Thermoplastic vs. Thermoset Matrices for High-Temperature Out-of-Autoclave Composites Applications
The high-temperature high-mechanical performance end of the composite materials spectrum–so-called advanced composites–has long been dominated by thermoset matrices primarily epoxy and urethane chemistries with carbon or aramid continuous-strand unidirectional fiber or fabric weave reinforcements. However that is starting to change as thermoplastic resin suppliers begin to investigate and more aggressively position their own high-temperature offsets in this segment–not just as lower cost lower weight faster processing replacement for thermosets but as direct metal replacements themselves. By offering molders and OEMs the option to produce performance parts with higher productivity thermoplastic matrices that do not need to be polymerized in the tool numerous benefits are gained including reducing cycle times volatile-organic compound (VOC) emissions energy consumption spoilage and finishing steps–all of which help drive down costs and make advanced composites more affordable for higher volume applications than metals. This can be particularly attractive for processors without autoclaves or without sufficient auto clave resources to process traditional high-performance thermoset composite matrices or where producing parts via these or other traditional thermoset processes are difficult and/or costly. This paper will provide an overview of current market pressures supporting the growth of high-performance thermoplastics and then will review various processing options for both thermoset and thermoplastic high-performance composites. Next several short case histories involving conversions to thermoplastic matrices directly from metals will be presented. Lastfuture trends that could impact this segment will also be considered.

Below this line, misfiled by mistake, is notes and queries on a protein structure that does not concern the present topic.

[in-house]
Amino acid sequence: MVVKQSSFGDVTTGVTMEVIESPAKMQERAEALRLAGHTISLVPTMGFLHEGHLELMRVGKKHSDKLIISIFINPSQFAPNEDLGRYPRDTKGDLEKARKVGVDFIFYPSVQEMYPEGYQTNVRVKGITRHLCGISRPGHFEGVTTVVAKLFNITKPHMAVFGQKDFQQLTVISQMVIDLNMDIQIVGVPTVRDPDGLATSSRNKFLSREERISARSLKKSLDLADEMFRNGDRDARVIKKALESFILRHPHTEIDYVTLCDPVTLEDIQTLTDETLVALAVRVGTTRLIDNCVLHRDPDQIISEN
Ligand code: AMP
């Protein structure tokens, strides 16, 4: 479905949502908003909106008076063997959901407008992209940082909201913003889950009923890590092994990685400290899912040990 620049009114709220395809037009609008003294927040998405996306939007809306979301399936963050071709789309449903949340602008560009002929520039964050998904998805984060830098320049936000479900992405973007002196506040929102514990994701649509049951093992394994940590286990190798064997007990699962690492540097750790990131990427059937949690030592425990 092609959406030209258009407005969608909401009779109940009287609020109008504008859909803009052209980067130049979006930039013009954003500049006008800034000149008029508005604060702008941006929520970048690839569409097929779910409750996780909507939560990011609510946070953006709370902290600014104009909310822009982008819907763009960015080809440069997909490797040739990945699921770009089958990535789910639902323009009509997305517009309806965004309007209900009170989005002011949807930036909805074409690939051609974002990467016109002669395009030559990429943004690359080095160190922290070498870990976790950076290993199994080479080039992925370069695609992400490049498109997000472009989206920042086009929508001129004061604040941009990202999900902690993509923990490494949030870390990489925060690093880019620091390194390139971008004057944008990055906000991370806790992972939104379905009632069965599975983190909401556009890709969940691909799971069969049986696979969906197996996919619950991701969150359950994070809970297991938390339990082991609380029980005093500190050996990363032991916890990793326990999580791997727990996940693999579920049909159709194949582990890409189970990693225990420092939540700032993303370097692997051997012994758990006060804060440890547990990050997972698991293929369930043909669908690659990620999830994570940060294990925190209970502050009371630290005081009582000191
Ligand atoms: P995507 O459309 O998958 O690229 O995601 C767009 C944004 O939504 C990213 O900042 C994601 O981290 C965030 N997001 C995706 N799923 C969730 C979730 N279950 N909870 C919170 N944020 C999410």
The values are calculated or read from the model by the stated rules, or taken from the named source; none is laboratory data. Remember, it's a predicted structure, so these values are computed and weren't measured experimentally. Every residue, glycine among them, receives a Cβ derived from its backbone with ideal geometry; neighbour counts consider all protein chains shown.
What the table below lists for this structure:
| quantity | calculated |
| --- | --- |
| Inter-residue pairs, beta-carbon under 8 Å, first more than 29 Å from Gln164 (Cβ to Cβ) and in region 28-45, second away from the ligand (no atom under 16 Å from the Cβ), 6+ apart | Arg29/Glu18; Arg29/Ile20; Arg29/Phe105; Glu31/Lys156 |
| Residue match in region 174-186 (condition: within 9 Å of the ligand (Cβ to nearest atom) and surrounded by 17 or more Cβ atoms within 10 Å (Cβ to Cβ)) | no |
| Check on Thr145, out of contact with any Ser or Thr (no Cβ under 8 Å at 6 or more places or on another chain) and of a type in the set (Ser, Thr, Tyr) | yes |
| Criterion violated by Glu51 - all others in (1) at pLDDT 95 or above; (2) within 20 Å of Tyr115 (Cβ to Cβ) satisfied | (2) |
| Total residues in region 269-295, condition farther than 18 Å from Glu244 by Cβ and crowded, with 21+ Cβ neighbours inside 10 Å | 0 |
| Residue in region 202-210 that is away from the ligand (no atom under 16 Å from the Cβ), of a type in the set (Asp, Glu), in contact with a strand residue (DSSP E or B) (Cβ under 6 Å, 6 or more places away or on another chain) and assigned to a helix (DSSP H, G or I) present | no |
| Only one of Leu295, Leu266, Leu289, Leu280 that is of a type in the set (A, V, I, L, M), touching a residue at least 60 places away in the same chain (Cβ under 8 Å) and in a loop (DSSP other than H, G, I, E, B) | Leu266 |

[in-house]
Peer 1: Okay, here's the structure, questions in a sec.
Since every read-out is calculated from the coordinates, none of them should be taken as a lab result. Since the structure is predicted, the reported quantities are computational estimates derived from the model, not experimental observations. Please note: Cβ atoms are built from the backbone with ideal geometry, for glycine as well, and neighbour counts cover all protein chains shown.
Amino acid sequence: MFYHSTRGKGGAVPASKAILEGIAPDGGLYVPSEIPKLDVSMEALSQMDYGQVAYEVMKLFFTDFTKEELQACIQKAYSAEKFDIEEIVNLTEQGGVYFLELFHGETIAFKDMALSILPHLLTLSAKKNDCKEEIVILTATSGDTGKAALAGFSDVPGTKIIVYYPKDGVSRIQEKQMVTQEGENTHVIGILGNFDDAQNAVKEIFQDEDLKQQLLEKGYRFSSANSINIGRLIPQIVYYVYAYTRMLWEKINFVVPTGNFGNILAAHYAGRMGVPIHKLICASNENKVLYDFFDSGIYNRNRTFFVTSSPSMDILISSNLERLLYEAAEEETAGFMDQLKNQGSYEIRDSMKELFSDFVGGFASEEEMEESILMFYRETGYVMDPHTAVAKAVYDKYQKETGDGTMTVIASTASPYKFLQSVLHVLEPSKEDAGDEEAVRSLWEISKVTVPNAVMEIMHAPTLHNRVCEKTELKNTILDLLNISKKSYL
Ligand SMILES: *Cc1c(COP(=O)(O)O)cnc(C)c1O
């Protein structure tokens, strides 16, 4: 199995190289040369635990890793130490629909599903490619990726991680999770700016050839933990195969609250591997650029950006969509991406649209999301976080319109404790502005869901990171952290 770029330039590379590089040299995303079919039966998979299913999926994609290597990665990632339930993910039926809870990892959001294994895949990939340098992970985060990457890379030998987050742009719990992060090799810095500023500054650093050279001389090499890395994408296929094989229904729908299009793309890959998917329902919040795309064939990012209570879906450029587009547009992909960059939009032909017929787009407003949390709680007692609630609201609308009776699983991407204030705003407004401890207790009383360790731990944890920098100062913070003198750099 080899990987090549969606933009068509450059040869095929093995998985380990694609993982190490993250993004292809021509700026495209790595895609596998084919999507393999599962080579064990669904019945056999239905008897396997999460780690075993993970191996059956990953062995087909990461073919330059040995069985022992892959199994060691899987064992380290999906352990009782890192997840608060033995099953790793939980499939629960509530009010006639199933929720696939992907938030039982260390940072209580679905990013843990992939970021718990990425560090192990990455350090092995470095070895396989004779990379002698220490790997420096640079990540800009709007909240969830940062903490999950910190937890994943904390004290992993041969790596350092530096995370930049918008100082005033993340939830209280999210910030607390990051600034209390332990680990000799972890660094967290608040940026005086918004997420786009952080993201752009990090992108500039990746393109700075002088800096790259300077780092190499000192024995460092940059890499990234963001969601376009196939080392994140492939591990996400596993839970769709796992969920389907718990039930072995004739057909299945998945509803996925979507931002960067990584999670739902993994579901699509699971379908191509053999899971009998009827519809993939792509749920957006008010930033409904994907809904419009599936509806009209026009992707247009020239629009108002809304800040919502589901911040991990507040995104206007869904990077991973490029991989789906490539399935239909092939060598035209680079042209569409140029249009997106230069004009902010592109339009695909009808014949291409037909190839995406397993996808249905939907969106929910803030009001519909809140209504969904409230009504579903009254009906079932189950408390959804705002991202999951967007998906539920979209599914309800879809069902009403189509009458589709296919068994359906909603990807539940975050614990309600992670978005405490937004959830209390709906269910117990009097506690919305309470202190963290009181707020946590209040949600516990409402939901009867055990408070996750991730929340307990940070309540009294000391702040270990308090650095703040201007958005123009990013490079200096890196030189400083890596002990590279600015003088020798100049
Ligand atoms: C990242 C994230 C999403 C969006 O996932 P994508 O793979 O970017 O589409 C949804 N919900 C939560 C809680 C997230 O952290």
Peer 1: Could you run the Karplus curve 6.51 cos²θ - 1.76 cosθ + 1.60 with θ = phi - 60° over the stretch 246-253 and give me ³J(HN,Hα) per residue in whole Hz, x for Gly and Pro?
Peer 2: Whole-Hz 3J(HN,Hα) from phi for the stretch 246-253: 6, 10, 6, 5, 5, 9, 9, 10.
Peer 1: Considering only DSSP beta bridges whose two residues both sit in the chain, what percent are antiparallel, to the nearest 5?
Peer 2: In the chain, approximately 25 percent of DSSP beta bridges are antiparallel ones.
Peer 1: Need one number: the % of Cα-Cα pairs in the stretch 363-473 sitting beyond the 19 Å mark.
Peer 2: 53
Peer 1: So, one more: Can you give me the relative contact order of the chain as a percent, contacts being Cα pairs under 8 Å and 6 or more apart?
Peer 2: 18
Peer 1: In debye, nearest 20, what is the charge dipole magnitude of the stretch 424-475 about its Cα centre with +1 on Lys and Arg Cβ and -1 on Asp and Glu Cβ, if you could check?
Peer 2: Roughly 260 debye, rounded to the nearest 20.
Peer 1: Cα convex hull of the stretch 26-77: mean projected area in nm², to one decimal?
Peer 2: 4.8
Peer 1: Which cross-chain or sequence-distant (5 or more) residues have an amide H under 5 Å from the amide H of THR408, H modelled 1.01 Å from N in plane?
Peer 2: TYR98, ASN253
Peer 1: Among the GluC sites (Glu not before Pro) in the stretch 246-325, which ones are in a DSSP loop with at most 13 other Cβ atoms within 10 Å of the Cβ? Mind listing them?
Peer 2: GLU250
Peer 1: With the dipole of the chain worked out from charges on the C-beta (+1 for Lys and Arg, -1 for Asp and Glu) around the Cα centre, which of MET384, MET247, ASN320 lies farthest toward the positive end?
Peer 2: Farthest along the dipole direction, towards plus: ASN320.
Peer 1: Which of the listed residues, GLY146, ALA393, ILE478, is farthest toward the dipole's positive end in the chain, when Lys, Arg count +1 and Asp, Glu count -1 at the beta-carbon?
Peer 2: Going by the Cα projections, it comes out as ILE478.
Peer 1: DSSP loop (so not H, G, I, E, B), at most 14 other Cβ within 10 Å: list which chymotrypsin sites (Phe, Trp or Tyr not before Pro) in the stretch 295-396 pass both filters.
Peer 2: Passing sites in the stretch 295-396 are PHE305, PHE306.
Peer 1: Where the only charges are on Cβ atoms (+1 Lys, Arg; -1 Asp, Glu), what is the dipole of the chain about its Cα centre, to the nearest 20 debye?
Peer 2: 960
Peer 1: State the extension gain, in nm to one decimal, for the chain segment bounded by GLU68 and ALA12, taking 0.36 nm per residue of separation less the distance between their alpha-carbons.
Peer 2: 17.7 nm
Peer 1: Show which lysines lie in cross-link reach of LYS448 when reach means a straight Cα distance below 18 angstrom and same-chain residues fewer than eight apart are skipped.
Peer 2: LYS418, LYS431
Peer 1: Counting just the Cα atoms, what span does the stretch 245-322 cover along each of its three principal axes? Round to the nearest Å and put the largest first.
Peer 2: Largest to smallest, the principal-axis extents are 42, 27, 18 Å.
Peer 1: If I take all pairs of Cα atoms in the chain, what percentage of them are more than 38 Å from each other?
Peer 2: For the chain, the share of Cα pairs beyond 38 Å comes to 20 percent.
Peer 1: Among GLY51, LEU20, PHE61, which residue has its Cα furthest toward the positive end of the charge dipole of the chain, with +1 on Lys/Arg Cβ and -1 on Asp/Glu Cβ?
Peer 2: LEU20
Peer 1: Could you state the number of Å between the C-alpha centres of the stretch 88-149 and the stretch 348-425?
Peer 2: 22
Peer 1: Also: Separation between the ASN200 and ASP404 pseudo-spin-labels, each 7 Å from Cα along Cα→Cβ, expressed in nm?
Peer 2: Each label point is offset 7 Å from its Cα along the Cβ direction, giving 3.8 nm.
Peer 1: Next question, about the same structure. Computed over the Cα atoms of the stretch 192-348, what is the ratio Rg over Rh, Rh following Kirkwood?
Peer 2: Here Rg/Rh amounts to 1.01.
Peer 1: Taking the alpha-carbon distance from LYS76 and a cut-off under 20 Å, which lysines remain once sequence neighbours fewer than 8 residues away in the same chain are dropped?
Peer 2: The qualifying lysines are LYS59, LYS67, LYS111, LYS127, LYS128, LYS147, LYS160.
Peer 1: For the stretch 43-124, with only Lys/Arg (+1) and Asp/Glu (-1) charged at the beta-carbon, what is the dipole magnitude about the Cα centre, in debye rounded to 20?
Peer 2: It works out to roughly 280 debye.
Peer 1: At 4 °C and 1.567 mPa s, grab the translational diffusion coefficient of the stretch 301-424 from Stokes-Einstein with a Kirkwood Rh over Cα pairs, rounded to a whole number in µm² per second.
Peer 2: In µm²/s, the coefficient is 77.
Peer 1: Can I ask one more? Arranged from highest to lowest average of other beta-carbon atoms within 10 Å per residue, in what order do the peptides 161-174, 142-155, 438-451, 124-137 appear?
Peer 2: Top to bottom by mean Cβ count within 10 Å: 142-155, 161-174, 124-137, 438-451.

Mechanisms of Interfacial Adhesion in Metal-Polymer Composites
Hybrid materials featuring thermoplastic polymer composites in conjunction with metals can be used as structural materials in commercial tr ansport and military vehicles and for protection of buildings and infrastructure. C onstituent thermoplastics and metals have distinct advantages as protective materials however metals on their ow n are heavy hence hybrid materials offer option as lighter materials. This study focuses on the effect of surface treatments to improve adhesion between dissimilar materials such organic polymers with metal reinforcement materials. Surface energy was found to possess a direct relationship with the amount of polar groups on the surface of a modified polymer and free radicals on the metal surface. Higher surface energy correlates with superior interface adhesi on. This work establishes the ba sis that polar groups and free radicals improve adhesion between polymeric (thermoplastics) and metallic surfaces.